Digby Neck wind project was set up in Nova Scotia, Canada It was in fact brought online in 2010 and is owned by Emera.
It is near Digby County.
See below for data.
As a general rule, economic wind generators require a wind speed of 4.5 m/s (16 km/h) or more.
The best destination for a project like Digby Neck might have a near constant flow of non-turbulent wind throughout the year, having a minimum chances of sudden powerful bursts of wind. An essential aspect of turbine siting is also admittance to local demand or transmission capaDigby County.
During the planning stages the Digby Neck wind farm would’ve been checked and endorsed through wind measurements. However, Digby Neck wind farm might have needed more than simply meteorological data and measurements.
Collection of site-specific data for wind speed and direction could have been essential to determining site potential as a way to finance the project. Winds around Digby County are examined for over a year or so plus the development of detailed maps. Only then are wind turbines installed.
The wind hits speedier at greater altitudes as a result of reduced effect of drag. The boost in velocity with altitude is most remarkable close to the surface and is impacted by topography, surface roughness, and upwind hurdles such as trees or buildings. Velocity rises with altitude and is also more pronounced near land and is changed by terrain, surface and obstructions.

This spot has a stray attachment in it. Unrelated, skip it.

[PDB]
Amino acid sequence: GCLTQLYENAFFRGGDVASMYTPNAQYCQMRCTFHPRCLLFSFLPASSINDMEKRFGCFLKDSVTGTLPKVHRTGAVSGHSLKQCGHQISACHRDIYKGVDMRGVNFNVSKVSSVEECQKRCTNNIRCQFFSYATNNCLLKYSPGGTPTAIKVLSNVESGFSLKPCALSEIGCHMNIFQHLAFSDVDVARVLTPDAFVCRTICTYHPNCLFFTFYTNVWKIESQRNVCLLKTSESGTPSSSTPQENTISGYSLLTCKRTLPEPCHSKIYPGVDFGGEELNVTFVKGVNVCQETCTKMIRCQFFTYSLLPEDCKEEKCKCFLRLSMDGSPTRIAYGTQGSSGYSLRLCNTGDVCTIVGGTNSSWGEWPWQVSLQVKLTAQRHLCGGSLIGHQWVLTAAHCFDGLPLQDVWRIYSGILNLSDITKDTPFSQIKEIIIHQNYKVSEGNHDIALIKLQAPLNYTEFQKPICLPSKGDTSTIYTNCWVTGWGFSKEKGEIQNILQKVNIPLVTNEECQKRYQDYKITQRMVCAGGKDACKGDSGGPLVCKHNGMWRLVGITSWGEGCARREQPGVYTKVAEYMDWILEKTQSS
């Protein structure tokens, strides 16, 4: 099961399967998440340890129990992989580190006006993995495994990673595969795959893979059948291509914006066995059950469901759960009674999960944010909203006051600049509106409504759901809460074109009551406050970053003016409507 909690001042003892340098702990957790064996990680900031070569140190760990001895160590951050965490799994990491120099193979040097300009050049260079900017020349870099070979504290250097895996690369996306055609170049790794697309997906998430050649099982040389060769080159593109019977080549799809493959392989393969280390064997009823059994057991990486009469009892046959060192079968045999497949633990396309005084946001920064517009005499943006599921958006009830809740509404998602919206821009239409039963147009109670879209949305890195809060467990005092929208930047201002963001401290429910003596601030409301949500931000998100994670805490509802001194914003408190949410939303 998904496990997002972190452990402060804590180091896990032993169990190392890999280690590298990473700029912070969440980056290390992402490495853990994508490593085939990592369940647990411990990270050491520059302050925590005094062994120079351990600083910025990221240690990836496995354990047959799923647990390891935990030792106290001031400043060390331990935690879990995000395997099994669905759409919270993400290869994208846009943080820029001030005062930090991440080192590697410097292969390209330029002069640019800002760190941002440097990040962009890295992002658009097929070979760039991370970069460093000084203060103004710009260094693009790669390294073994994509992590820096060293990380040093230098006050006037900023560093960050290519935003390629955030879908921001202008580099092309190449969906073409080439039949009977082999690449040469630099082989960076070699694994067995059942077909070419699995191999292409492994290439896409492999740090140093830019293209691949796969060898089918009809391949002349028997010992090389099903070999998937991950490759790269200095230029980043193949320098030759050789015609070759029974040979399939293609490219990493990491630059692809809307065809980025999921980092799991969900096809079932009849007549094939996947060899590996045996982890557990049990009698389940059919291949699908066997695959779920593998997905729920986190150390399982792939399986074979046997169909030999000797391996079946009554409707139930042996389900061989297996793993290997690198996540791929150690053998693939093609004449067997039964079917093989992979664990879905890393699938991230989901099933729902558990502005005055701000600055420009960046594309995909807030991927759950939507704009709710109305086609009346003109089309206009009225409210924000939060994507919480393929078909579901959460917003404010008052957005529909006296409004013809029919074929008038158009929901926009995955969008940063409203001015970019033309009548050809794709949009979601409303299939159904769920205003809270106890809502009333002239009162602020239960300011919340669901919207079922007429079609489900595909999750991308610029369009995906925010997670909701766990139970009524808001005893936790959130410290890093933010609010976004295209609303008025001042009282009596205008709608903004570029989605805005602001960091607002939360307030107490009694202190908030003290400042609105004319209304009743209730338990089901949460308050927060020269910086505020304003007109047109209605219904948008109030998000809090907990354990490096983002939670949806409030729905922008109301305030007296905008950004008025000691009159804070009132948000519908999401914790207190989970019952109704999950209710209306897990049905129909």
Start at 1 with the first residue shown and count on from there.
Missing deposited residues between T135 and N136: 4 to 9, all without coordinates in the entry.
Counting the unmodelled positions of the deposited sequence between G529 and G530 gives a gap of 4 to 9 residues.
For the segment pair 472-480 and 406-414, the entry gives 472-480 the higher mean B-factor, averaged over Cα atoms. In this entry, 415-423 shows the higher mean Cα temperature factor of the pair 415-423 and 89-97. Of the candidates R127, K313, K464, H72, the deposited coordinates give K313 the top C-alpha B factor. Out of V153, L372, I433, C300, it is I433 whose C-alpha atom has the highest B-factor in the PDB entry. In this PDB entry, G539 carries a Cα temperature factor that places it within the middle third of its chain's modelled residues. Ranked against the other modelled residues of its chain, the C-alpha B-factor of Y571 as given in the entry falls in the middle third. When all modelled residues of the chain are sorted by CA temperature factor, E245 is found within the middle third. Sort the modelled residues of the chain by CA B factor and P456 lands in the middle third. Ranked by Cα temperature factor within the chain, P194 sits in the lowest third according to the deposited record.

Ordinarily, the growth of wind speeds with raising height follows a wind profile power law, which predicts that wind speed rises proportionately to the seventh root of altitude. Increasing the altitude of a turbine, then, enhances the predicted wind speeds by 10%, and the predicted power by 34%.
In general, a length of 7D (7 × Rotor Diameter of the Wind Turbine) is about between each turbine in a fully developed wind farm. But this is not always the situation in hilly areas.
Individual turbines at Digby Neck are interlocked with a medium voltage (usually 34.5 kV) power collection system and communications network.
At a substation, that medium-voltage electric energy is elevated in voltage with a transformer for link with the high voltage transmission system. Development of a land-based wind farm requires installation of the collector system and substation, and possibly access roads to each and every turbine site.
Facts about Digby Neck wind farm
- Name: Digby Neck
- Wind turbine Supplier: Neg Micon, Model: 0.108MW, Units: 115,
- Country: Canada
- Developer: Nova Scotia Power
- State: Nova Scotia
- City: Digby County
- Owner: Emera